Open main menu

Pattani (Thai: ปัตตานี, pronounced [pàt.tāː.nīː]) is one of the southern provinces (changwat) of Thailand. Neighboring provinces are (from southeast clockwise) Narathiwat, Yala, and Songkhla.

Pattani
ปัตตานี
Province
Pattani Grand Mosque
Pattani Grand Mosque
Flag of Pattani
Flag
Official seal of Pattani
Seal
Map of Thailand highlighting Pattani Province
Map of Thailand highlighting Pattani Province
Country Thailand
Capital Pattani
Government
 • Governor Wiranan Phengchan (since October 2016)
Area
 • Total 1,940.4 km2 (749.2 sq mi)
Area rank Ranked 67th
Population (2014)
 • Total 686,186
 • Rank Ranked 39th
 • Density 350/km2 (920/sq mi)
 • Density rank Ranked 9th
Time zone UTC+7 (ICT)
ISO 3166 code TH-94

Contents

HistoryEdit

The name Pattani is the Thai adaptation of the Malay name Patani (Jawi: ڤتاني), which can mean "this beach" in Patani Malay language. (In standard Malay, this would be pantai ini.) Another suggestion is that it derives from a Sanskrit word pathini, meaning "virgin nymph"; Pathini was the name of a daughter of Merong Mahawangsa, founder of the preceding Langkasuka Empire.[1]

Historically, Pattani Province was the centre of the Malay Sultanate of Patani Darul Makrif. For centuries a tributary state of Siam, Pattani has been governed by Siam since its conquest in 1785. Siamese rule was officially acknowledged by the Anglo-Siamese Treaty of 1909 negotiated with the British Empire. Both Yala (Jala) and Narathiwat (Menara) were originally part of Patani, but were made provinces of their own during the territorial administrative reform and the creation of a united centralized Siam state.[citation needed]

DemographicsEdit

Pattani is one of the four provinces of Thailand where the majority of the population are Malay Muslim. They make up about 88 percent of its population. The people speak the Patani Malay language, although most also speak Thai.

GeographyEdit

Pattani is on the Malay Peninsula, with the coast of the Gulf of Thailand to the north. The south is dominated by the Sankalakhiri mountain range, which includes Budo-Su-ngai Padi National Park, on the border with Yala and Narathiwat.

SymbolsEdit

The seal of the province shows the cannon called Phraya Tani, known as Sri Pattani in Malay, which was cast in Pattani Province. It was brought to Bangkok in 1785, and is now on display in front of the Ministry of Defence in Bangkok.[citation needed]

The provincial flower is the Chinese hibiscus (Hibiscus rosa-sinensis), and the provincial tree the Ironwood (Hopea odorata).[citation needed]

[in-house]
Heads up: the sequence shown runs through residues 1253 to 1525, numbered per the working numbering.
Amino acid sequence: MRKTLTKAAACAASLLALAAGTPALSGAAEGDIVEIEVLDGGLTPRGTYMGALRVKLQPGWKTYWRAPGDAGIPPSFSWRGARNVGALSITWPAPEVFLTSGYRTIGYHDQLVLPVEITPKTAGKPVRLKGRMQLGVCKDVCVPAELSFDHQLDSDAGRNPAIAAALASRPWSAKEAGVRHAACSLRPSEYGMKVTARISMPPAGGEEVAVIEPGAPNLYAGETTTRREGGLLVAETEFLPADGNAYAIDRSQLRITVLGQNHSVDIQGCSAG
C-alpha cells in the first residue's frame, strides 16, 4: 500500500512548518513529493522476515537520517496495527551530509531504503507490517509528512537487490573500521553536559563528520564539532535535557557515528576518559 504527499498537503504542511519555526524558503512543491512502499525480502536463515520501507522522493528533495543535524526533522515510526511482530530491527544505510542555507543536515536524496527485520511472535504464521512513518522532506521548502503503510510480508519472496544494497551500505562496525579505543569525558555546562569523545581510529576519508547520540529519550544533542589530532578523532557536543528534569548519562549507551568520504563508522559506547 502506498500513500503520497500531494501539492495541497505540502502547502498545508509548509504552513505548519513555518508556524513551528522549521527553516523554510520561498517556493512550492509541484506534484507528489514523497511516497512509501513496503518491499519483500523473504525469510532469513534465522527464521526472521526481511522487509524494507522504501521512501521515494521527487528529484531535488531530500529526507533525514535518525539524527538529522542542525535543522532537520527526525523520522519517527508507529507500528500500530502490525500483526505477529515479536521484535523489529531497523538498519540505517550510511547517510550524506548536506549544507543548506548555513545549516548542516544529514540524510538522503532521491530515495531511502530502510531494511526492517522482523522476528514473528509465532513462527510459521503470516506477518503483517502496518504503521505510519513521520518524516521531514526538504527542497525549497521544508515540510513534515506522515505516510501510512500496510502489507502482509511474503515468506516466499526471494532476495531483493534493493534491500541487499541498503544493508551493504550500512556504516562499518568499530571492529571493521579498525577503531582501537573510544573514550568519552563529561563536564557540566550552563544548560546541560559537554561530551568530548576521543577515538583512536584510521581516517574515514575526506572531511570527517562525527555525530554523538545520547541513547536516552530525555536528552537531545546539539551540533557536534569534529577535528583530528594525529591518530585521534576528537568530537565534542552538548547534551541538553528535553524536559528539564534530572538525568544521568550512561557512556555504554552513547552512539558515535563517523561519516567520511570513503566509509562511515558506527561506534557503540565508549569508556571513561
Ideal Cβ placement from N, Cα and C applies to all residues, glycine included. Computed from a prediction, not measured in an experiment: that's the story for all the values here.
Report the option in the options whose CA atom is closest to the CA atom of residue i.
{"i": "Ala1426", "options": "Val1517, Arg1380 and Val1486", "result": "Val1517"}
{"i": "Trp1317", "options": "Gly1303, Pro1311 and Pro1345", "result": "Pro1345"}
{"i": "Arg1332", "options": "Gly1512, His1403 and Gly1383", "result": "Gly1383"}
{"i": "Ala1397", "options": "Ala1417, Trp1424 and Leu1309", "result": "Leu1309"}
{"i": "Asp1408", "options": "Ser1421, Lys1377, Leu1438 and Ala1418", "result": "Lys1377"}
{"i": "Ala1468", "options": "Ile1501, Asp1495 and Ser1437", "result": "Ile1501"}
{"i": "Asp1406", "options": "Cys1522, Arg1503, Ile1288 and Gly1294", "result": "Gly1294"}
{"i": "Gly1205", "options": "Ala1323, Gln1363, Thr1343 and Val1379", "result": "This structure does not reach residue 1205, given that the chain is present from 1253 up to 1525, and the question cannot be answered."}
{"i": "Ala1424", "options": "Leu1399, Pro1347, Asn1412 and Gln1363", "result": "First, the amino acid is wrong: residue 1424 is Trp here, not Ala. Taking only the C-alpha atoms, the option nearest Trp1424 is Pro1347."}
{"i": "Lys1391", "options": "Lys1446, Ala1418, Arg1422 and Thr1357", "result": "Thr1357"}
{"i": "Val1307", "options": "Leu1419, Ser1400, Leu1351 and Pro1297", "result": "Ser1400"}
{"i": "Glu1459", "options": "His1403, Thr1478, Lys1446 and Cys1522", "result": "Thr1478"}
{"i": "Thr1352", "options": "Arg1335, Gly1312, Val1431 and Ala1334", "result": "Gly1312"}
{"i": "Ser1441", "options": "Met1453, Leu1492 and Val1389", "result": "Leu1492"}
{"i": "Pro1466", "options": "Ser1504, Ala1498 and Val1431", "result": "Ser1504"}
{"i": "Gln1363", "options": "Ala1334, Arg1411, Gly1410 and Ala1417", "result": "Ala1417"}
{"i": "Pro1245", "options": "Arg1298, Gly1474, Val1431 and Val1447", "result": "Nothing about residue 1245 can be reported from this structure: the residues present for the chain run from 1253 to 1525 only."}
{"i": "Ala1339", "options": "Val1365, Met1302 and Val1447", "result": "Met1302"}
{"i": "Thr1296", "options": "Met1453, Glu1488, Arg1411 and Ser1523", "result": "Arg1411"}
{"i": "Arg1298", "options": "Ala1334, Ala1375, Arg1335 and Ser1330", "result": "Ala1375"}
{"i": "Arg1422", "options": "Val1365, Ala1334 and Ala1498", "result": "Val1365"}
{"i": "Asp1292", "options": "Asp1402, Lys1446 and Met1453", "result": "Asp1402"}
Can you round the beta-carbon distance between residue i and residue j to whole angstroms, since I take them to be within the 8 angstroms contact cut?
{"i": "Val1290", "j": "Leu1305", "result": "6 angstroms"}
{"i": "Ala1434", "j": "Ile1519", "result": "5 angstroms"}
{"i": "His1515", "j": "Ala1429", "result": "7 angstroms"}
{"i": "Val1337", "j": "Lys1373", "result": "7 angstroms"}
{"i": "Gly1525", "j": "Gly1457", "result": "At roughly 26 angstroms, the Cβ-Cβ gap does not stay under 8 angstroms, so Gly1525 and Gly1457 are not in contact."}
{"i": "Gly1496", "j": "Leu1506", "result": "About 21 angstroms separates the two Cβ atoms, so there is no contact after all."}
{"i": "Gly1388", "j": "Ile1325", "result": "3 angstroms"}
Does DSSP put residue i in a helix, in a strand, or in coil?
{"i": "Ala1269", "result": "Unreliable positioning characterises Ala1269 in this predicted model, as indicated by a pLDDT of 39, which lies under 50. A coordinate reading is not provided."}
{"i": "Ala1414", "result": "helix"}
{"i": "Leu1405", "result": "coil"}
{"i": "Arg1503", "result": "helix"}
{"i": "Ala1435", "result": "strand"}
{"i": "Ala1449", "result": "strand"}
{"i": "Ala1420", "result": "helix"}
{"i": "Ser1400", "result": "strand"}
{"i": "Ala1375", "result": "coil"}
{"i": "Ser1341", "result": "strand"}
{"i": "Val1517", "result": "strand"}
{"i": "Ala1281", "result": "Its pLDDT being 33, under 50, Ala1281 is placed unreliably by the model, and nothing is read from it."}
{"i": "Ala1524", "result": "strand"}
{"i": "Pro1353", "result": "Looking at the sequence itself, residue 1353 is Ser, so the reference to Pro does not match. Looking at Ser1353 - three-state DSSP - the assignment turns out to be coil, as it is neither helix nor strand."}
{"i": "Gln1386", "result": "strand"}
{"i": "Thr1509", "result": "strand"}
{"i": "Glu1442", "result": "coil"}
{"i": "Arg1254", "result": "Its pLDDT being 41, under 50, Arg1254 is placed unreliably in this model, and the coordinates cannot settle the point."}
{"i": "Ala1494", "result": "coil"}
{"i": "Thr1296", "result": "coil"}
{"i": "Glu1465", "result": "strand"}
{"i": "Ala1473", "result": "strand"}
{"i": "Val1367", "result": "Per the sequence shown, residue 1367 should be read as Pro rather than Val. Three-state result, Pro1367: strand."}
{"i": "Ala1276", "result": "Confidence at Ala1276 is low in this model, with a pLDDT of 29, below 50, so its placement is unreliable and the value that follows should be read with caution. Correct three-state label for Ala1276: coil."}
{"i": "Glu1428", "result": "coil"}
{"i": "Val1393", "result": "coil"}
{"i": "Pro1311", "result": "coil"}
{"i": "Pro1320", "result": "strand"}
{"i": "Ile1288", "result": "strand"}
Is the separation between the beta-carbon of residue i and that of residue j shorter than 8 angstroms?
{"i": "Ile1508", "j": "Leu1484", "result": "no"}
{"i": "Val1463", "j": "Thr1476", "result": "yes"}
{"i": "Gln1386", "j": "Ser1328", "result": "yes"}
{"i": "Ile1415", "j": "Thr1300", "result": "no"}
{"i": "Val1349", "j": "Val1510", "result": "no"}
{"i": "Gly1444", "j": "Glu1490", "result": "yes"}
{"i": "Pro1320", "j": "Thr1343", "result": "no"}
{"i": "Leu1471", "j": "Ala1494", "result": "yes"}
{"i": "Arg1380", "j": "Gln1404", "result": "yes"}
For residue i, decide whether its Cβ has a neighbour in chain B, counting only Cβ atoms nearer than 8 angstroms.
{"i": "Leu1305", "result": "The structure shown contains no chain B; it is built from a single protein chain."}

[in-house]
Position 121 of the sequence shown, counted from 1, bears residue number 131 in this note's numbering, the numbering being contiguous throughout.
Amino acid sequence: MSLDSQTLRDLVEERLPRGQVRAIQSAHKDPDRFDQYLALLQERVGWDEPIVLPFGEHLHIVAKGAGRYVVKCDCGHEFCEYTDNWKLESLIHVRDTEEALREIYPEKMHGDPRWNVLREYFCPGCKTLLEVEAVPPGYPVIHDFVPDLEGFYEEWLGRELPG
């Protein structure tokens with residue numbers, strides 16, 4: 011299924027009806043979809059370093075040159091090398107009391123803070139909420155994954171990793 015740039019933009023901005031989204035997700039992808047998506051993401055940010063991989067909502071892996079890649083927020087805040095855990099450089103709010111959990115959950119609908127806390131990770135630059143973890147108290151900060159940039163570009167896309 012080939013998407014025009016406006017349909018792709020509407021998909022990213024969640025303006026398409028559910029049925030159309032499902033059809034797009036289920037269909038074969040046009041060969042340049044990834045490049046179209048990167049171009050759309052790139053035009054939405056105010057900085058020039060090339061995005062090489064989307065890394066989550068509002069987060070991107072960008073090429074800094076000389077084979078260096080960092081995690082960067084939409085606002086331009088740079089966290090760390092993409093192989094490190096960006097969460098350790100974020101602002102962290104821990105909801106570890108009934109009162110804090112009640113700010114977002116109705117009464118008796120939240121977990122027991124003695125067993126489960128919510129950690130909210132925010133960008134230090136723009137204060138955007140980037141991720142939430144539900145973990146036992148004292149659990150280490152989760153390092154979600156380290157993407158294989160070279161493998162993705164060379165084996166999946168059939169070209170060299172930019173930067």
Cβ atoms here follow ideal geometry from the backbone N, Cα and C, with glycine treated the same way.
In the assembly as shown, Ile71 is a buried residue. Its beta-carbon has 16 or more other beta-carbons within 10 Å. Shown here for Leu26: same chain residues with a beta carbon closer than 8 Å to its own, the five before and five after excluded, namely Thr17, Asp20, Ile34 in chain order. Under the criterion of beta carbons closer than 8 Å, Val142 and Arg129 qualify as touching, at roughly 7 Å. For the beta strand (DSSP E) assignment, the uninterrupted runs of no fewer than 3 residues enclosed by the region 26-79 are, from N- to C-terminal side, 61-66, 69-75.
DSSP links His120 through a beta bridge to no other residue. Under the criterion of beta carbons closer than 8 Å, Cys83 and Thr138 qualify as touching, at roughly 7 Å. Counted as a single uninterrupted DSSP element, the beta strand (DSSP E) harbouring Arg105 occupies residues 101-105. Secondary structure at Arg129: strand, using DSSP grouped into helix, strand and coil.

Administrative divisionsEdit

Pattani is divided into 12 districts (amphoe), which are further subdivided into 115 communes (tambon) and 629 villages (muban).[citation needed]

The districts of Chana (Malay: Chenok), Thepa (Malay:Tiba) and Saba Yoi (Malay:Sebayu) were detached from Pattani and transferred to Songkhla in 1796 by Siam government.[citation needed]

Map Number Name Thai Jawi Malay
 
1 Mueang Pattani เมืองปัตตานี فطاني Patani
2 Khok Pho โคกโพธิ์ كوكفور Kuk Pur
3 Nong Chik หนองจิก نونغجيك Nung Chik
4 Panare ปะนาเระ فناريق Penarik
5 Mayo มายอ مايو Mayu
6 Thung Yang Daeng ทุ่งยางแดง
7 Sai Buri สายบุรี سليندونغ بايو ، تلوبن Selindung Bayu, Teluban
8 Mai Kaen ไม้แก่น
9 Yaring ยะหริ่ง جمبو Jambu,
10 Yarang ยะรัง يا ليمو Ya Li hu
11 Kapho กะพ้อ
12 Mae Lan แม่ลาน

Military ruleEdit

As of 2018, the provisions of Thailand's Internal Security Act remain imposed on Mae Lan District. Internal security restrictions, maintained by Thailand's Internal Security Operations Command (ISOC) can result in curfews, prohibited entry, or prohibited transport of goods. It is considered one step below the imposition of full martial law.[2]

TransportEdit

AirEdit

Pattani is served by Pattani Airport, but the airport does not allow public flights due to the Royal Thai Air Force's reliance on it for counter-insurgency operations in the area.

RailEdit

Pattani's main station is Pattani Railway Station.

See alsoEdit

ReferencesEdit

  1. ^ "{ms} Sejarah Malaysia - Asal Usul nama Sungai Petani". Sejarahmalaysia.pnm.my. Archived from the original on 2013-06-03. Retrieved 2012-08-24.
  2. ^ Raksaseri, Kornchanok (8 January 2018). "Isoc power boost 'not political'". Bangkok Post. Retrieved 8 January 2018.

External linksEdit